A trip to Denmark for The Duchess of Cambridge and The Royal Foundation Centre for Early Childhood


The Duchess of Cambridge travelled to Copenhagen on a working trip with The Royal Foundation Centre for Early Childhood.

The Centre aims to drive awareness of and action on the extraordinary impact of the early years, and the trip provided a great opportunity to learn from Denmark – a country that is widely recognised as a world leader in its approach and investment in early childhood development. Denmark has created an enabling culture for early childhood development, and during the trip, The Duchess found out more about specifically how the country has promoted infant mental wellbeing alongside physical health, and how it harnesses the power of nature, relationships and playful learning in the first five years of life.

The first visit was to the Copenhagen Infant Mental Health Project, which aims to promote the mental wellbeing of parents and their children – and the relationship between them.



The Duchess also met with Health Visitors and Parents at The Children’s Museum to hear how they have benefitted from the ‘Understanding your Baby’ programme. This has allowed health visitors to develop their language and vocabulary around social and emotional development, enabling them to have more helpful conversations with parents and increase their knowledge around their children’s development.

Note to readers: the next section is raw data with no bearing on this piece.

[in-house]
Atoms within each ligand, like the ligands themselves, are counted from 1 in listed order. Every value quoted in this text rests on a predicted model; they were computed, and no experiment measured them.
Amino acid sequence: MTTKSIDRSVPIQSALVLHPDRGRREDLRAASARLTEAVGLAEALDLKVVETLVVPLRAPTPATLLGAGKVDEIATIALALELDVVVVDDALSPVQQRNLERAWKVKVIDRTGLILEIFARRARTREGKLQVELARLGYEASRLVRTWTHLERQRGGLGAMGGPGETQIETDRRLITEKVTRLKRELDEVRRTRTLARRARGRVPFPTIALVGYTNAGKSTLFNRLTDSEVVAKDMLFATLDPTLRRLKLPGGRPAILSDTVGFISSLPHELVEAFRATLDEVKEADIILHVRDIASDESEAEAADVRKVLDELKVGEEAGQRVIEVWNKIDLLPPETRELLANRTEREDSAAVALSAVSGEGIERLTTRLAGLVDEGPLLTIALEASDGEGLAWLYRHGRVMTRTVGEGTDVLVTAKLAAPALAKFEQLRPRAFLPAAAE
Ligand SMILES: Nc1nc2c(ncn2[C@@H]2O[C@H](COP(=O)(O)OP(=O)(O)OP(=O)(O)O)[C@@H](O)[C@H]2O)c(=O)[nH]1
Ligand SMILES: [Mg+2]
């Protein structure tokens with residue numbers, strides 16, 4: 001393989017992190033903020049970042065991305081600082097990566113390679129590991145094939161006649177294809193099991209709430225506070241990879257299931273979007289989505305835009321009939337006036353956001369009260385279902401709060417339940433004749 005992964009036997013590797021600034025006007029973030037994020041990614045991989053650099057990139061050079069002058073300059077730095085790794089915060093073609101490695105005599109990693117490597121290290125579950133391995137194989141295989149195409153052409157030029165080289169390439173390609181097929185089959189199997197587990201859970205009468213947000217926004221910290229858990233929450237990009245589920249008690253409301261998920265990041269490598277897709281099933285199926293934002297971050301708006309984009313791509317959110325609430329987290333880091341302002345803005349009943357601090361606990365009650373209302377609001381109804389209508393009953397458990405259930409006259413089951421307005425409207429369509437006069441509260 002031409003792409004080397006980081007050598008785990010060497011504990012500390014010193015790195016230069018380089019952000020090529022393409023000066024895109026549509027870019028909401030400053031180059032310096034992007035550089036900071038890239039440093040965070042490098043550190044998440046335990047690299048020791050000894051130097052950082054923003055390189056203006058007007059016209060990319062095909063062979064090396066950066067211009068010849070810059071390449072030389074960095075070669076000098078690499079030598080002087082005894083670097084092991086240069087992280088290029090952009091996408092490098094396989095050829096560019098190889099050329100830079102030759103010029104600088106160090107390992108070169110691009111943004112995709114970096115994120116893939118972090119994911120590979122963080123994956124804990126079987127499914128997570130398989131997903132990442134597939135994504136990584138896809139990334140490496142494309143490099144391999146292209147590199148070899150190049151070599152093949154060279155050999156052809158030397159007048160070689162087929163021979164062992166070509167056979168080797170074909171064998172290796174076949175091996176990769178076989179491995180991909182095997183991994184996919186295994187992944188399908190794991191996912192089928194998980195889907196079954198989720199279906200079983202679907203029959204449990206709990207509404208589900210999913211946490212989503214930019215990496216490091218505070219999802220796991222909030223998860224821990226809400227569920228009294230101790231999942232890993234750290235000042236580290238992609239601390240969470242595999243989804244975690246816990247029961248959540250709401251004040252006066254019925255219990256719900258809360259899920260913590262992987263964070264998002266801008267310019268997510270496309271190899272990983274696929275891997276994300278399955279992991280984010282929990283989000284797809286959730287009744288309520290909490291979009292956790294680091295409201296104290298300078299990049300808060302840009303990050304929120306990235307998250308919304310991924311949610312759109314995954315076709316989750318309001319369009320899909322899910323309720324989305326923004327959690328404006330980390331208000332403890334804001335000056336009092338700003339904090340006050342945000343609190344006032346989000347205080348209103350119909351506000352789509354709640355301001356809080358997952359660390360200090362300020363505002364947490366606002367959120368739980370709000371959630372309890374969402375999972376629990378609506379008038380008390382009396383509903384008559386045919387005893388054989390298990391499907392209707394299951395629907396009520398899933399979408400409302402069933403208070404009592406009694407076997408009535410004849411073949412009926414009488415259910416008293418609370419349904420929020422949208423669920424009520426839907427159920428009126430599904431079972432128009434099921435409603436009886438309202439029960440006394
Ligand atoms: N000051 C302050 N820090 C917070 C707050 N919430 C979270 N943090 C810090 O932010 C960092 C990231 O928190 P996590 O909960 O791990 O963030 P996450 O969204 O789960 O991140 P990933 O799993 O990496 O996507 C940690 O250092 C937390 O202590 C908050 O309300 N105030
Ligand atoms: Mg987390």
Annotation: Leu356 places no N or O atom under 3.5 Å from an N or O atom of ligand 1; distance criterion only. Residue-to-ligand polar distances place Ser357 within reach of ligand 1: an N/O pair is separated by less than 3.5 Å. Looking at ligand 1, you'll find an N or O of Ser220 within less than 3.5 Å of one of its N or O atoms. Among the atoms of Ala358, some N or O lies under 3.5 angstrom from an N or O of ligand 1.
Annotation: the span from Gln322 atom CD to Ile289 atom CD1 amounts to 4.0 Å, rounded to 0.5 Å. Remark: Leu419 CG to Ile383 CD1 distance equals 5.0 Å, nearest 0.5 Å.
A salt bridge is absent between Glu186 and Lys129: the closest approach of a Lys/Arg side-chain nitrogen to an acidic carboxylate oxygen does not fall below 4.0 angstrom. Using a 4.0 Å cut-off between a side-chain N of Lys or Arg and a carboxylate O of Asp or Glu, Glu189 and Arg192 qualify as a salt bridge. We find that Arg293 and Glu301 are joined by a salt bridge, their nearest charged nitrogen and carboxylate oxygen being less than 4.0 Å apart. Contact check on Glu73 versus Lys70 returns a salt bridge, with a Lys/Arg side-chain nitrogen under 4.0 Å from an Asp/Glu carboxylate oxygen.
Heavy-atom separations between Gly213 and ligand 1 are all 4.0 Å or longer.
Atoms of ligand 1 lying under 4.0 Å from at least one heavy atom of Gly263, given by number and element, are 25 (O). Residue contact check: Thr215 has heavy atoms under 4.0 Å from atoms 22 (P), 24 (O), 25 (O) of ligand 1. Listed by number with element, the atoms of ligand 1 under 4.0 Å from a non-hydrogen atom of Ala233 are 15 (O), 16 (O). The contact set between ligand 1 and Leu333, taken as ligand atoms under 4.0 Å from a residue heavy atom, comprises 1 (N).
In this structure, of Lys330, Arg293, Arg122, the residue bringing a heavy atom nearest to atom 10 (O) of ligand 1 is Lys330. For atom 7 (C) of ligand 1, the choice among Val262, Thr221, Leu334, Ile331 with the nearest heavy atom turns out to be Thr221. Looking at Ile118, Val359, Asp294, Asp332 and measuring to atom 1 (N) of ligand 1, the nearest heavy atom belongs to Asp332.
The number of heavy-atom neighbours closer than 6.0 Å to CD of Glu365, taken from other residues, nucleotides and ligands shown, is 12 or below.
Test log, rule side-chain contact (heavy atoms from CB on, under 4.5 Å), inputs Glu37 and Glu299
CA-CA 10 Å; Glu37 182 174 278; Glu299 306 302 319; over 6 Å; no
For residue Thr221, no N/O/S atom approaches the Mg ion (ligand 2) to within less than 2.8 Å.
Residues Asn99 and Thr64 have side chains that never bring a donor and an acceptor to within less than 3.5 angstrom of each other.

Day One of the trip also saw Her Royal Highness visit PlayLab at Campus Carlsberg – a creative learning environment for students training to be early years professionals – to find out about the Playful Learning Programme. This is a partnership between the six university colleges in Denmark and the LEGO Foundation which aims to strengthen children’s creative, experimental, and playful approach to the world and their desire to learn.


Day Two of the trip started with a trip to Stenurten Forest Kindergarten, which focuses on strengthening the children’s self-worth and self-esteem, teaching them how to feel and respond to their boundaries; the importance of a good friendship; the feeling of being in a committed community; and what it means to be a good citizen.

Her Royal Highness then joined The Queen of Denmark and The Crown Princess on a visit to the Danner Crisis Centre – an organisation which works nationally and internationally to end violence against women and children. We know that early childhood trauma has an incredibly significant impact on later life outcomes, and the Danner Centre promotes the importance of supportive relationships, environments and experiences to help create positive outcomes for those experience trauma.

This is the first time The Duchess has brought the work of The Royal Foundation Centre for Early Childhood to the international stage, which aims to drive awareness of and action on the extraordinary impact of the early years.